Wit, Wisdom and Better Than Word: Why You Should Visit Dr Johnson’s Birthplace Museum | Travel

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VSivilization comes in many sizes and, for Dr. Samuel Johnson, compiler of A dictionary of the English language (1755), his home town of Lichfield was a microcosm of an educated and orderly society. He once wrote of a visit to the Staffordshire town with his faithful biographer James Boswell: “I recently took my friend and showed him real civilized life in an English country town. I dropped it at Lichfield.

It’s a trip worth repeating this summer, especially if you include a visit from Samuel Johnson Birthplace museum and bookstore, located near the old cathedral of the city. The great lexicographer was born on September 18, 1709, in this house, built by his bookseller father, who ran his business from the ground floor.

A portrait of Samuel Johnson. Photography: Science History Images/Alamy

I discovered the museum during a visit in 2017, when I stayed half an hour away in Atherstone. I was struck by the orderly ecclesiastical layout of downtown – like something out of Anthony Trollope. My teenage son, a reluctant companion, could have skipped our visit to the three-spired cathedral, but he was drawn in by Johnson’s obsession with words and his idea that their meaning should be inscribed. He still remembers “the dictionary man”, but nothing else about Lichfield.

The museum’s Georgian rooms overlooking Breadmarket Street are adorned with portraits, amusing quotes and the kind of outdated definitions that will amuse any Wordle or Scrabble fan. But the museum also pays homage to Johnson’s earnest project, which truly shaped the intellectual world.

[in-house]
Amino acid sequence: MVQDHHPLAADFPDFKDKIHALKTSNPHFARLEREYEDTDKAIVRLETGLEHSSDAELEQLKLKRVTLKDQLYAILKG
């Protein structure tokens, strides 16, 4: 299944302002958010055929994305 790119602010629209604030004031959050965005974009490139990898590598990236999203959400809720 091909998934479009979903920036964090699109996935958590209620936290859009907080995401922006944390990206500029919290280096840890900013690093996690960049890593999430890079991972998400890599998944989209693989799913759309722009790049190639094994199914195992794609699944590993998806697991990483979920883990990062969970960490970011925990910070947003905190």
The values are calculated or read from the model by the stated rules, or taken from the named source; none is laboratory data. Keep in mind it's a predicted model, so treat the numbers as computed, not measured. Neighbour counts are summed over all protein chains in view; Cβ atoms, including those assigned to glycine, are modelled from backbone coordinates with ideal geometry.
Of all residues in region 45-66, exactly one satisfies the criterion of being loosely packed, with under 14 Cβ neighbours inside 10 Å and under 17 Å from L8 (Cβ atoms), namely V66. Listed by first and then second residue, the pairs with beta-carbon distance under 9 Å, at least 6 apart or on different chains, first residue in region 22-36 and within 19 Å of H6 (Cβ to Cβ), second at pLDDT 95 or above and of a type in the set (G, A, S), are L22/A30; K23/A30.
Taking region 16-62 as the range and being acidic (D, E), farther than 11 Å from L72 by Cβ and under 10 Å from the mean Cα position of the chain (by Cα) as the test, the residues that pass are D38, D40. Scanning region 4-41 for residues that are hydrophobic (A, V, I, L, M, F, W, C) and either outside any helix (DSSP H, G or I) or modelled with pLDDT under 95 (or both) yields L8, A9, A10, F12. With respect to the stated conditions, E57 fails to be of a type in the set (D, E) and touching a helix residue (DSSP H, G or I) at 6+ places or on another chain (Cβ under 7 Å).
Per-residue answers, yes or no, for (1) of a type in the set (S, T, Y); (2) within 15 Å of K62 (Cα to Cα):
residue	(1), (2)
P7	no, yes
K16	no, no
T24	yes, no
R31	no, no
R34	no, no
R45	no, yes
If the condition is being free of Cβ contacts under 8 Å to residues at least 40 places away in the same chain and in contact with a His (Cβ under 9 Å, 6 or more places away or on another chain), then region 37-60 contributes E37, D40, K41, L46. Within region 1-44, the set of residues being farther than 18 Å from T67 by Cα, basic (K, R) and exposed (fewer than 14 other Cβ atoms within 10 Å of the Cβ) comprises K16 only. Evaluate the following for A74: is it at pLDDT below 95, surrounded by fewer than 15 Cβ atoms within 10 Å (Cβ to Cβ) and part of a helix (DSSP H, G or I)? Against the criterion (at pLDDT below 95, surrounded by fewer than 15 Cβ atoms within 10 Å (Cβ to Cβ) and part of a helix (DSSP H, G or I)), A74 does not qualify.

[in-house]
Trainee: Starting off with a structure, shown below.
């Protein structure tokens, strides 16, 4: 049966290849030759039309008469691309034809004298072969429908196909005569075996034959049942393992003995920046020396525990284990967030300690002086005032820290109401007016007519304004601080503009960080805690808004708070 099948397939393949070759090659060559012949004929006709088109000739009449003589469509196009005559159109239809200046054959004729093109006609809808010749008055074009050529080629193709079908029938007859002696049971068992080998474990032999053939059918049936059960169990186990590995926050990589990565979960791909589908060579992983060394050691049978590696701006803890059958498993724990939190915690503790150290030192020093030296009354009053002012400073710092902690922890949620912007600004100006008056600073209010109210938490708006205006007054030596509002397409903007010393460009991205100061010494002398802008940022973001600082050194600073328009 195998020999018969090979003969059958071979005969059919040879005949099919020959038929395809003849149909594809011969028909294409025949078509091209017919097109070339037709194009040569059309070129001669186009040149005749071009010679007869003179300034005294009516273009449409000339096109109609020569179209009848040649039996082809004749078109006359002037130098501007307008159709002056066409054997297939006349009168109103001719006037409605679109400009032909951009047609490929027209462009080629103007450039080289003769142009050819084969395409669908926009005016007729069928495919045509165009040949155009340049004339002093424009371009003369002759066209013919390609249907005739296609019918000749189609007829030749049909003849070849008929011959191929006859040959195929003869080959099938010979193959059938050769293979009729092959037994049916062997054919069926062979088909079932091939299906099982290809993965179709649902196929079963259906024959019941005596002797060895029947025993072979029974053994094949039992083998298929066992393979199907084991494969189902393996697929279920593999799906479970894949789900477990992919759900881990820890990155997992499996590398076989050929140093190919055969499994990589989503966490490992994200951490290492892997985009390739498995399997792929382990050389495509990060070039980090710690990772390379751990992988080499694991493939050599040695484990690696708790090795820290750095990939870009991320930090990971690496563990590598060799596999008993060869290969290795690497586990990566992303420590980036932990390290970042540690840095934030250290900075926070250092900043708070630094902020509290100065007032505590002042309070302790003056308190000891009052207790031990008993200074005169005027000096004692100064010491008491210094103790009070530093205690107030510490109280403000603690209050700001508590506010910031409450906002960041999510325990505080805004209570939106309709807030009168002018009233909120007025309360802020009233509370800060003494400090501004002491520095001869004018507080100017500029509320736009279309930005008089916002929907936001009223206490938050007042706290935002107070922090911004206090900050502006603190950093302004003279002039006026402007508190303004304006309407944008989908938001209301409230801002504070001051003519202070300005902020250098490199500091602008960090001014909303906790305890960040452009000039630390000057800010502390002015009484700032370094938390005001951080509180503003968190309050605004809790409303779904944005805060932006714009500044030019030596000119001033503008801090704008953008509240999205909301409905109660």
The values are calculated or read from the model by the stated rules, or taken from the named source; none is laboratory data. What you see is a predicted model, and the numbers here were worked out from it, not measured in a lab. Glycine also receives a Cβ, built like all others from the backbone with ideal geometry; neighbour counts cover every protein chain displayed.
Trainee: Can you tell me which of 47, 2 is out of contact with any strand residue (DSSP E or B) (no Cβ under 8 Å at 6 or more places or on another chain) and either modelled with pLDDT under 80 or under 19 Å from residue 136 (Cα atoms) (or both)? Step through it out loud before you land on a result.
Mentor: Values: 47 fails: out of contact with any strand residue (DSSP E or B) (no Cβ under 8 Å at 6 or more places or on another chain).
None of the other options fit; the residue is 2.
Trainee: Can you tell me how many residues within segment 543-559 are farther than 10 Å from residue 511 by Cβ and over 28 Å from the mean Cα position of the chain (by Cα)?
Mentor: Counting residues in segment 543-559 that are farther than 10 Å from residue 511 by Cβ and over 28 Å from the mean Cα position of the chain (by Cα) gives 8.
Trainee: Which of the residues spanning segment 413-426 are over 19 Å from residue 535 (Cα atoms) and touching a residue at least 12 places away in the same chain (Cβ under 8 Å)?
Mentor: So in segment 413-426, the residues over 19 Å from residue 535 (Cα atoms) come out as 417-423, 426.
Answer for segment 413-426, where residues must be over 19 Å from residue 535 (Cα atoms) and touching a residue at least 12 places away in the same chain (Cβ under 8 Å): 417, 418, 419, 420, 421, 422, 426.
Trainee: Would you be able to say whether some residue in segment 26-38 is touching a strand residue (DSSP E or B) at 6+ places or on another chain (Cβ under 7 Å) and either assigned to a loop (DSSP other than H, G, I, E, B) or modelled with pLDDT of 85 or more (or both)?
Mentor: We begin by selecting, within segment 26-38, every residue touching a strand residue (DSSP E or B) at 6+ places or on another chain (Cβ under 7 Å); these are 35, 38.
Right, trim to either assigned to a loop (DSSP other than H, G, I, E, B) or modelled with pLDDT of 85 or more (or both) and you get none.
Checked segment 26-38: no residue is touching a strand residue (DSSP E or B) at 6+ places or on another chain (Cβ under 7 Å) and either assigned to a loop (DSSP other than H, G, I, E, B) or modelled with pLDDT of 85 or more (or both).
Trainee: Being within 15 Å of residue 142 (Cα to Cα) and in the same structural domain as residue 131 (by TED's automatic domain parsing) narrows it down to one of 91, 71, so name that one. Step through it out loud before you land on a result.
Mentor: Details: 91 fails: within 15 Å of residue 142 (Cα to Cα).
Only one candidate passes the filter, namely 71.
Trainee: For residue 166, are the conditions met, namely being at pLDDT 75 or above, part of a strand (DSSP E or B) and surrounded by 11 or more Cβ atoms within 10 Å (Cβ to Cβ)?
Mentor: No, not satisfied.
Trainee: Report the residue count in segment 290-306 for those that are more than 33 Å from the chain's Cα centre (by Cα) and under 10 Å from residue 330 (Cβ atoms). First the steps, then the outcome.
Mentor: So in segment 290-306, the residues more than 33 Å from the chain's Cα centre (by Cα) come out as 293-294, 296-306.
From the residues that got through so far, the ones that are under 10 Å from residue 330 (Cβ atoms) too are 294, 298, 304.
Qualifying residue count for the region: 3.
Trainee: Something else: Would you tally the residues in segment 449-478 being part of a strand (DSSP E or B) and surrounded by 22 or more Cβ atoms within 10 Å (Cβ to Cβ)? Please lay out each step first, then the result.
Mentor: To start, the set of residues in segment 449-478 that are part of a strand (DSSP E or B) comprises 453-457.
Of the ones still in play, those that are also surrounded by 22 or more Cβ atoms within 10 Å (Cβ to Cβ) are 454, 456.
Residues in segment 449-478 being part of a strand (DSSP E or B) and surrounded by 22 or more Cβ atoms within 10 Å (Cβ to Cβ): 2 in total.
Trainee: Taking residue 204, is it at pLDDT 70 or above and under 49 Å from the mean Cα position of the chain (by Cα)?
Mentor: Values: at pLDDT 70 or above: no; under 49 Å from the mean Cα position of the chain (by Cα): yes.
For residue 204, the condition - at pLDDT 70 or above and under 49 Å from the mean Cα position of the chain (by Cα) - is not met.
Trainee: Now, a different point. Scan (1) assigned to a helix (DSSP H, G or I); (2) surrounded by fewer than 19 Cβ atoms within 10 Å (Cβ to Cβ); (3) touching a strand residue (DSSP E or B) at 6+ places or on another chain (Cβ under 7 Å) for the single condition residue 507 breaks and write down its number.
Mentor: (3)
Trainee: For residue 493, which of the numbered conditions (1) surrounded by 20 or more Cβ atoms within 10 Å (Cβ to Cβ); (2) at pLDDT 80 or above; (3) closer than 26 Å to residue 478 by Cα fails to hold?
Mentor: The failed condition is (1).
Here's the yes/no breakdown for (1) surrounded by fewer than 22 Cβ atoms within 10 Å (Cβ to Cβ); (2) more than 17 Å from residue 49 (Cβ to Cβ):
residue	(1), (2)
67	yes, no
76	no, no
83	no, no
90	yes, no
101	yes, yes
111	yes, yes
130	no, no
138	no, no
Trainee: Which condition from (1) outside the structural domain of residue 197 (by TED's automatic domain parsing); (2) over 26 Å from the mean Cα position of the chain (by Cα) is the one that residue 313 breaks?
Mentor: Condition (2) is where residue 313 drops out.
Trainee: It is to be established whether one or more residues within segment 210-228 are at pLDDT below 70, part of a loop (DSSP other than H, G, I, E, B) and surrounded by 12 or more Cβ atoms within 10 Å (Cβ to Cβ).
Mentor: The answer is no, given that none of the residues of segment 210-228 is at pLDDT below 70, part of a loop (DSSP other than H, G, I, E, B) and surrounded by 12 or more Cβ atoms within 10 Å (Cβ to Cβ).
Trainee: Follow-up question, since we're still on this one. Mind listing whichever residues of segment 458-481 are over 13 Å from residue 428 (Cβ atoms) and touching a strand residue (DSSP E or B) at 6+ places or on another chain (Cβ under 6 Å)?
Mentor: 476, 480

Although Johnson excelled at Lichfield and Stourbridge grammar schools and was duly sent to Oxford, his college career was cut short when his family fell on hard times and he had to cut his education short. After failing to make a living from journalism, translation and teaching, he moved to London in desperation, alongside his equally ambitious friend, budding theater star David Garrick. The old story goes that they took turns walking and riding, as they had only one horse between them.

Johnson worked for eight years on the dictionary that made his name, aided by six assistants, all doing research inside his home near Fleet Street. Today this house at 17 Gough Street is also a small museum and is perhaps better known as Lichfield’s birthplace. Both, however, celebrate his legendary wit and wisdom, whose reputation was greatly enhanced in 1791 with the publication of Boswell’s The life of Samuel Johnson.

Lichfield residents celebrate their famous son
The people of Lichfield celebrate their famous son.

Although London was where Johnson and his aphorisms first impressed literary society, let’s admit that, despite the fact that his most popular quote asserts that every man tired of London is tired of everything, Lichfield really works like an antidote to all the fuss. of the capital.

This year the Lichfield Time Travelers the app will allow you to access a dozen ‘time portals’, providing access to information on key historic locations in Lichfield, including the imposing house of Erasmus Darwin, father of Charles.

Johnson loved walking the city streets and touring the city in the footsteps of the great man sets you up for a dangerous urge to concoct fake Johnson quotes, all beginning, of course, with his apostrophe “Sir!”. It’s probably best, however, to fall back on the true genius of this phrase-maker.

One of Johnson’s lesser-known wisdoms really sets the tone for this Lichfield museum: “Curiosity is, in great and generous minds, the first passion and the last.”

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